IVOS is the Infrared and Visible Optical Sensors Subgroup of WGCV, the CEOS Working Group on Calibration and Validation.
IVOS is chaired by Dr Nigel Fox of the UK’s National Physical Laboratory.
Contact: Optical Radiation Measurement Team, NPL, Hampton Road, Teddington, Middlesex TW11 0LW, UK.
The IVOS Mission
To ensure high quality calibration and validation of infrared and visible optical data from Earth observation satellites and validation of higher level products
Terms of Reference
The objectives of the Infrared and Visible Optical Sensors subgroup, beyond those of the WGCV, are to:
- Promote international and national collaboration in the calibration and validation of all IVOS and, thus, to assist in the improved application of data from satellite sensors
- Address all sensors (ground based, airborne, and satellite) for which there is a direct link to the calibration and validation of satellite sensors
- Identify and agree on calibration and validation requirements and standard specifications for IVOS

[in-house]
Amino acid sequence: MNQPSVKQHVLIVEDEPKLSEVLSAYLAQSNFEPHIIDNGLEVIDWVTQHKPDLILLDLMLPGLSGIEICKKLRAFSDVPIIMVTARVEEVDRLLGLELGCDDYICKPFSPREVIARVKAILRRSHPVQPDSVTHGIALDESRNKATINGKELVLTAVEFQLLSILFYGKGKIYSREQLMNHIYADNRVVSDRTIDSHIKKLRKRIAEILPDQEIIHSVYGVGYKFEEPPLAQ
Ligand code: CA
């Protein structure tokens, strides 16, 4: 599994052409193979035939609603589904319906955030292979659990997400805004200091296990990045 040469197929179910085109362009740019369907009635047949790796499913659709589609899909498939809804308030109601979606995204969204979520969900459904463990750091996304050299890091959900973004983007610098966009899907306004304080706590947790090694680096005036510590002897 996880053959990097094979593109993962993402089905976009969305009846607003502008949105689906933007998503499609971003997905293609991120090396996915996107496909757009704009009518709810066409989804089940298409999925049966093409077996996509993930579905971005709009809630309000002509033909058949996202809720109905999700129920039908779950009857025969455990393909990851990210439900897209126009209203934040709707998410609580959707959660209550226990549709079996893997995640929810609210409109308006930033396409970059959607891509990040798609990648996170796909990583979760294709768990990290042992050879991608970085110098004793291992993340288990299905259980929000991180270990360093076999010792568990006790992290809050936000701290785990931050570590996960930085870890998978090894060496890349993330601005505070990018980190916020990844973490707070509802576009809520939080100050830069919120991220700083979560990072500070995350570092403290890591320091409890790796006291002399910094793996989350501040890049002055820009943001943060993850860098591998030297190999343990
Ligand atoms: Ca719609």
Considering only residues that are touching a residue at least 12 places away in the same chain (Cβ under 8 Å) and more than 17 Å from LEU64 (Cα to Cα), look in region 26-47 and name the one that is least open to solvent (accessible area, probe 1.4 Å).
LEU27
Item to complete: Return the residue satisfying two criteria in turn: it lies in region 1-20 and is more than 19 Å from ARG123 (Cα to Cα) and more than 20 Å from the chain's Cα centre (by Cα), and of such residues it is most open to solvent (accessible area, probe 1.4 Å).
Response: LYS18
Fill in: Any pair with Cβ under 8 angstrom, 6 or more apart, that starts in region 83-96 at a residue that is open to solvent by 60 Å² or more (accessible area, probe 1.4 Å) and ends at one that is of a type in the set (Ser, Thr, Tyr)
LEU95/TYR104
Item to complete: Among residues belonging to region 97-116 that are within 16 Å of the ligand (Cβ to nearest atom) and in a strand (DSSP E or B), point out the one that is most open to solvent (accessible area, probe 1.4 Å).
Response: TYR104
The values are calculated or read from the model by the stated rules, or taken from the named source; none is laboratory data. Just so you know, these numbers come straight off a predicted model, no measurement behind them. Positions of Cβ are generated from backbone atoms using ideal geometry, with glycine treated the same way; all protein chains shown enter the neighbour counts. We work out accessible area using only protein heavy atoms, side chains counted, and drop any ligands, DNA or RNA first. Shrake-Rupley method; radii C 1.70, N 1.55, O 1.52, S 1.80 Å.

- Identify test sites and encourage continuing observations and intercomparison of data from these sites
- Encourage the preservation, unencumbered and release of data relating to calibration and validation activities including details of pre-launch and in flight parameters
The subgroup activities are at present focussed towards the development of a strategy to establish improved data quality to meet the needs of the Earth Observation community as coordinated through GEO.
This strategy is likely to involve the establishment and recommendation of “best practise” for the calibration and validation of EO sensors both at sensor level (pre-flight and in-flight) and associated vicarious calibration/validation techniques. It will also seek to identify a set of reference test sites which can be “certified” and form a basis for cross-comparison activities.
The group is therefore working to identify current activities of the EO community, existing protocols, reference test sites etc and also opportunities for collaboration to improve efficiency and synergy between the international community.
An early success in this plan was the agreement by CEOS plenary to encourage the use of a “reference standard” solar irradiance spectrum.
The group seeks to meet at least annually and encourages new members who can contribute to the groups activities.